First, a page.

Thursdays from July 16 to August 20 at the Dr. Sun Yat-Sen Classical Chinese Garden
Enchanted, indeed: the garden provides a magical sunset setting for concerts and dinner. Pick up a pre-ordered picnic from 7 to 8 p.m., then catch concerts by the likes of Deanna Knight and the Hot Club of Mars (July 16), the Vancouver Piano Ensemble (July 30), and Silk Road Music (August 20).
Queer Arts Festival
July 23 to August 7 at the Roundhouse Community Arts and Recreation Centre and other venues
The theme for this year’s celebration of LGBT art is Trigger: Drawing the Line. It marks the 25th anniversary of a photo-based exhibition of the same name, one that presented provocative images of lesbian sexuality and directed audiences to draw on the walls, asking them, “Where do you draw the line?” There’ll be a partial remount of Drawing the Line, with a curated exhibition asking contemporary visual artists where they draw their own lines today. Other highlights include Cor Flammae’s Fallen Angels: sacred + profane, featuring choral music by historical and modern queer composers, and a new play called Sister Mary’s a Dyke?! by Toronto-based playwright Flerida Peña.
Vancouver Early Music Festival
July 26 to August 7 at Roy Barnett Recital Hall and the Chan Centre for the Performing Arts
Music for Queens is the enticing theme for the event—and a title befitting one of the reigning early-music festivals in North America. The concerts centre on music written for and about history’s greatest monarchs. Think crystalline-voiced soprano Ellen Hargis performing an ode to the “girl king” of Sweden, Christina; Les Voix Humaines Gamba Consort’s rendition of the musical drama The Queen’s Delight; and a stunning concert staging of Henry Purcell’s opera Dido and Aeneas.
Sculptors’ Society of B.C. Summer Show
July 30 to August 4 at the VanDusen Botanical Garden
Enjoy striking sculptures by over 20 artists in the lush gardens, where the fest celebrates both new and renowned artists from around the world. Among the names is Louise Solecki Weir, who just unveiled a statue of Pope John Paul II for the Catholic Church.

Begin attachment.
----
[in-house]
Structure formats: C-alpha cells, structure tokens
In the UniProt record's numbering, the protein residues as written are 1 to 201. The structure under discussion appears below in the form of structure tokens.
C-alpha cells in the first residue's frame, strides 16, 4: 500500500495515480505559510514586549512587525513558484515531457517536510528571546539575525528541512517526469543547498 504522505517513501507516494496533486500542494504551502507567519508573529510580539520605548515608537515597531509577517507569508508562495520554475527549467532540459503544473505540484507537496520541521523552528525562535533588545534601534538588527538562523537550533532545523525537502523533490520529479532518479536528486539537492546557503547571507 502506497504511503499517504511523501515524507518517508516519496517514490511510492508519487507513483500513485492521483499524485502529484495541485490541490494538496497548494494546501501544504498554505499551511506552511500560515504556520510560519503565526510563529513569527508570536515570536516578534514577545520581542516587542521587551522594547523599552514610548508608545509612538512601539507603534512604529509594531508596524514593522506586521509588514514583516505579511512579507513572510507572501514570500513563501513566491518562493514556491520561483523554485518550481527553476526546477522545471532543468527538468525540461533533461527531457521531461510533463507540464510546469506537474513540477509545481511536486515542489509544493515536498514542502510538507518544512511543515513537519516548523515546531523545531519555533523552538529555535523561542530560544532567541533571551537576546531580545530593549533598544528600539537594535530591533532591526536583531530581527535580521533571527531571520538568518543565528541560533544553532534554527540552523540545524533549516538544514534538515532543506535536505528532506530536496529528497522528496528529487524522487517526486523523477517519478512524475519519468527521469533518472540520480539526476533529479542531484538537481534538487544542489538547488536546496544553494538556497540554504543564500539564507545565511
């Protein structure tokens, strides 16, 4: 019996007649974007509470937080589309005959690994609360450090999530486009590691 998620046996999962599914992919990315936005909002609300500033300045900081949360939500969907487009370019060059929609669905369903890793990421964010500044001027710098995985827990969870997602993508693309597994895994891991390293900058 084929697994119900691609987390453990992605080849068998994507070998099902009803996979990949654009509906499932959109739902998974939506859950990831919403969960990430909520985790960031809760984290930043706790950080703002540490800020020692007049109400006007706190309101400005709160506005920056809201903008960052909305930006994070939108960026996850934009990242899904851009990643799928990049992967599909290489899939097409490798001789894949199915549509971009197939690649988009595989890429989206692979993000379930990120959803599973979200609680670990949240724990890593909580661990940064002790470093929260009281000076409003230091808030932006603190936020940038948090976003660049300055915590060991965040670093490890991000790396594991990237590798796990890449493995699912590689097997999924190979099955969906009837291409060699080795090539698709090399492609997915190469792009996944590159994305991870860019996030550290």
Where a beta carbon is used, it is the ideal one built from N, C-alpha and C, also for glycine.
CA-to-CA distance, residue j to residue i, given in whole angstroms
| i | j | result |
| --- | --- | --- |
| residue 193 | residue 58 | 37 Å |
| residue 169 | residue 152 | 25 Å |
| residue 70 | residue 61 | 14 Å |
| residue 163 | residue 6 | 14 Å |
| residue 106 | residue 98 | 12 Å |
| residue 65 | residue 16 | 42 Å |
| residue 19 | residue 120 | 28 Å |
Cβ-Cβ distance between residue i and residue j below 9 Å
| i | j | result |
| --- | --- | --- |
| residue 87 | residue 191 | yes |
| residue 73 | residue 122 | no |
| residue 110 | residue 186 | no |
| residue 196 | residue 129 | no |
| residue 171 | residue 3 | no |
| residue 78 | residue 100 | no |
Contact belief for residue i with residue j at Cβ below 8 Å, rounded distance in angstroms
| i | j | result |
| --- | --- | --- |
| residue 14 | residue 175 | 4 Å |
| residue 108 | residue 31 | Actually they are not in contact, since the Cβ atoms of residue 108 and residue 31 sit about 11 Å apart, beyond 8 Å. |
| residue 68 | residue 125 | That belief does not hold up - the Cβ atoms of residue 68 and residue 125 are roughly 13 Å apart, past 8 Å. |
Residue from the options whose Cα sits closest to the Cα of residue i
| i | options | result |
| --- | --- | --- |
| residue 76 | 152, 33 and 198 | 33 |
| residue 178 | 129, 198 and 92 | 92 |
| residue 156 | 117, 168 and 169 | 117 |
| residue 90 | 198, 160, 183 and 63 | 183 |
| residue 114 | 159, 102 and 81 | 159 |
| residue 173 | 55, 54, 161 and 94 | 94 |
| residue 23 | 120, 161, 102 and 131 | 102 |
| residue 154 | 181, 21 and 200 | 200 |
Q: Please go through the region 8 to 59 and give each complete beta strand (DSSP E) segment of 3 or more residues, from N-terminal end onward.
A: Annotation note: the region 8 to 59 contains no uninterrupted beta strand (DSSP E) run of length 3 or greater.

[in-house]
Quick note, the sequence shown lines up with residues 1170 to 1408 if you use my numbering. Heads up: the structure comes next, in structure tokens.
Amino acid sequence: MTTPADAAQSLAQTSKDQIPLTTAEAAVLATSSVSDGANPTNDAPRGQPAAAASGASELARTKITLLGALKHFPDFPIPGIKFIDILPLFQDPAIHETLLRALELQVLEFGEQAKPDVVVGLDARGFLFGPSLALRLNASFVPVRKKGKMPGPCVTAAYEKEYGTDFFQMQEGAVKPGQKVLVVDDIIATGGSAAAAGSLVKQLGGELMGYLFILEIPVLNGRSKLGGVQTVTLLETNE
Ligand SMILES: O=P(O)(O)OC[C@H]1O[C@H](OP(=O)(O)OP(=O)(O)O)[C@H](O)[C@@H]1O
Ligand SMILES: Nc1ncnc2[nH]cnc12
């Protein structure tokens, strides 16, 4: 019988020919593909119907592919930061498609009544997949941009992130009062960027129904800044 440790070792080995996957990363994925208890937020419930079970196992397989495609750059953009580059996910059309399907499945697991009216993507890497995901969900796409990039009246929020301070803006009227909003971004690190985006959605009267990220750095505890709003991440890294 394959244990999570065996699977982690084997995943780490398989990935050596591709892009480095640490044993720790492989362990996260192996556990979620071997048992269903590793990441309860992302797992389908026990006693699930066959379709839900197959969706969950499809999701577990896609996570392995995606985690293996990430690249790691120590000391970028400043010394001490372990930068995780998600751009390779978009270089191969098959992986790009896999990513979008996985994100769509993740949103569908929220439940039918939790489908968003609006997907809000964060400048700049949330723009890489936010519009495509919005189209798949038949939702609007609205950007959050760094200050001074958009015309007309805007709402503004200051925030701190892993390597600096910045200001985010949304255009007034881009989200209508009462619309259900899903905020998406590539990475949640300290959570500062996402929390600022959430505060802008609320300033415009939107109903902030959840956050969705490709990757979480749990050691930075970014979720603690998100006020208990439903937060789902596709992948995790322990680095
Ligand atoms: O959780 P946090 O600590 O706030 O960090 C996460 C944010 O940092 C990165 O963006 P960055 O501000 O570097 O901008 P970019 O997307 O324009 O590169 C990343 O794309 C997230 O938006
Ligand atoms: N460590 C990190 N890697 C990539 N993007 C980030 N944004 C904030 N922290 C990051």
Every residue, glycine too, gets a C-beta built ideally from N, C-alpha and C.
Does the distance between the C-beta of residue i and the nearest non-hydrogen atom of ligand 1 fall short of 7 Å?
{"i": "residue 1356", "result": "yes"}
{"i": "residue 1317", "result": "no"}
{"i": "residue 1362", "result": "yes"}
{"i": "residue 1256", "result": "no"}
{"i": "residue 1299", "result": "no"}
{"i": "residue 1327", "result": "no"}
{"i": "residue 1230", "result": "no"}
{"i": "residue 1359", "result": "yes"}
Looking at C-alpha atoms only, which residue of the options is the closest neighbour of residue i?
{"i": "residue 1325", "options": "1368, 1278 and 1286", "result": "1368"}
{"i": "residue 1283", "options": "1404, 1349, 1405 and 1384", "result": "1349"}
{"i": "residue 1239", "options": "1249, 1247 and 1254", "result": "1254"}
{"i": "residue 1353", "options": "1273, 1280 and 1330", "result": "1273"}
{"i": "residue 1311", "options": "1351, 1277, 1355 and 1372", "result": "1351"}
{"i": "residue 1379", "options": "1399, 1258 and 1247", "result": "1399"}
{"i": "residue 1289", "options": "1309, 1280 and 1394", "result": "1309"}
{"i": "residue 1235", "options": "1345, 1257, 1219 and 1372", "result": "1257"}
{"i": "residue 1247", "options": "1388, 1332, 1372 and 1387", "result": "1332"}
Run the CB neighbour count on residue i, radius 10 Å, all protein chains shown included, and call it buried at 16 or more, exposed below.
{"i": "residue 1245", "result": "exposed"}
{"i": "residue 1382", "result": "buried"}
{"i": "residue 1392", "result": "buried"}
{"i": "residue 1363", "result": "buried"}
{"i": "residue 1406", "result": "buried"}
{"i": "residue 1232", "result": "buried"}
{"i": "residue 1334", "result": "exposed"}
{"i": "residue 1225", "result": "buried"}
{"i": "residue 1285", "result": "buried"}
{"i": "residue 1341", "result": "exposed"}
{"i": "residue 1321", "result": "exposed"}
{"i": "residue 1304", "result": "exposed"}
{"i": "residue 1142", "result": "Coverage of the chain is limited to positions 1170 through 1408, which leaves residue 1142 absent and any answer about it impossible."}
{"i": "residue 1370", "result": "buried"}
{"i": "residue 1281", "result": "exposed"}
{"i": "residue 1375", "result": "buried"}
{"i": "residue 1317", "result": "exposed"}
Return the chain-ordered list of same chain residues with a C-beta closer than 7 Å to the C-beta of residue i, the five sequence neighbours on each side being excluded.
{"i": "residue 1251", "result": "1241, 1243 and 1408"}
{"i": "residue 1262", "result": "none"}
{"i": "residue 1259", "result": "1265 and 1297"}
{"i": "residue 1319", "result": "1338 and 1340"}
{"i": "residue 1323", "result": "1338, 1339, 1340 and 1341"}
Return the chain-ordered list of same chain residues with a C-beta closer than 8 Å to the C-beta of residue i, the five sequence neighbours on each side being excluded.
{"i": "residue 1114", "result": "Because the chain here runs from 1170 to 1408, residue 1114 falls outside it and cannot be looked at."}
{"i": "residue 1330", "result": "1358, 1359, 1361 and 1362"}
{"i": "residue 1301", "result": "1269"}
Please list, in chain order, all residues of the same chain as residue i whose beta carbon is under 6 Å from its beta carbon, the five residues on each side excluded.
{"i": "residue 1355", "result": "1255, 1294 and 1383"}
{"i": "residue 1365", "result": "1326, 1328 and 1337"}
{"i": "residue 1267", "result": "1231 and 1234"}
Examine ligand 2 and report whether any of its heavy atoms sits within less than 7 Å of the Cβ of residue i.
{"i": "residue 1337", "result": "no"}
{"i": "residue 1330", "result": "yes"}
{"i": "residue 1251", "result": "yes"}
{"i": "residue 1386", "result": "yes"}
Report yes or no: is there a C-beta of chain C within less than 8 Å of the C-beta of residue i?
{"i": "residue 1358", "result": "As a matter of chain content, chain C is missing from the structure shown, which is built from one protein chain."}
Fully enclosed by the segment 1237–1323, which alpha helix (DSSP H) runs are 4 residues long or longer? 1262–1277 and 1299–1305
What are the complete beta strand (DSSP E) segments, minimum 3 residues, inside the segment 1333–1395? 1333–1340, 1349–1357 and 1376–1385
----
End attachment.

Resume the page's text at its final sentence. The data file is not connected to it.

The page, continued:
Harmony Arts Festival
July 31 to August 9 on and around West Vancouver’s waterfront
For its 25th anniversary, the thriving West Van arts fest is pulling out all the stops, with two outdoor waterfront stages for concerts, as well as outdoor movies, art exhibits, and a hugely popular art market under tents. This year, there’s even a pop-up marina where boaters can arrive at the festival and be chauffeured to the beach to enjoy all the celebrations. And check out the new outside art installation You and I, a large-scale hand-carved sculpture by Vancouver-based artist Marie Khouri, with its alcoves and curves designed to cradle the human body.
Powell Street Festival
August 1 and 2 at Oppenheimer Park, the Firehall Arts Centre, the Vancouver Japanese Language School, and the Vancouver Buddhist Temple
Amid all the food vendors, craft booths, taiko-drumming performances, sumo tournaments, and martial-arts demos at the popular celebration of the city’s Japanese heritage, there are some pretty cool contemporary performing arts. Piano virtuoso and avant-garde muse Rachel Kiyo Iwaasa performs Cosmophony, a solo recital of work by Canadian composers reflecting on outer space. In a project called Wabi, audacious drum and cymbal artist Bernie Arai teams up with renowned jazz musician Chris Gestrin on piano to explore the Japanese aesthetic principle of shibusa; and Calgary-based Mark Ikeda presents Sansei: The Storyteller, mashing up dance, storytelling, and interviews to explore the internment of Japanese Canadians. Did we mention all shows and entertainment are free?
All Over the Map
August 9, 16, and 23 at 1 and 3 p.m. in Basford Park, Granville Island
The world’s dance cultures come to Vancouver in these outdoor events. The roster this year includes Compaigni V’ni Dansi, a Vancouver-based traditional Métis and contemporary dance company; Luciterra Dance Company, an all-female fusion of belly dance with jazz, contemporary, and pop-and-lock; and Adanu Habobo, a drum-and-dance ensemble celebrating the traditional music and movement of Ghana.
Gateway Theatre Pacific Festival
September 3 to 26 at the Gateway Theatre in Richmond
Travel to the world of Hong Kong theatre without leaving the Lower Mainland: this new-ish fest stages well-known works in Cantonese with English surtitles for everyone to enjoy. A big draw this year will be opener The Will to Build, a free outdoor piece performed in the Gateway Theatre’s plaza, about the relentless cycle of destruction and construction in Hong Kong real estate—a theme that promises to hit home with local audiences. Elsewhere, a Cantonese adaptation of Tuesdays With Morrie stars “the Laurence Olivier of Hong Kong Theatre”, Chung King Fai; and there’s a hip comedic double bill, with Cook Your Life’s star cooking on-stage while making analogies between food and love, and MeChat, about a new generation’s increasing reliance on technology.
Vancouver Fringe Festival
September 10 to 20 on Granville Island and at various venues around town
The beloved theatre blowout marks the end of summer with hundreds of shows from here and around the globe. Among the names on this year’s roster are local faves like TJ Dawe, as well as Portland physical-theatre masters Wonderheads and Brooklyn storyteller Martin Dockery.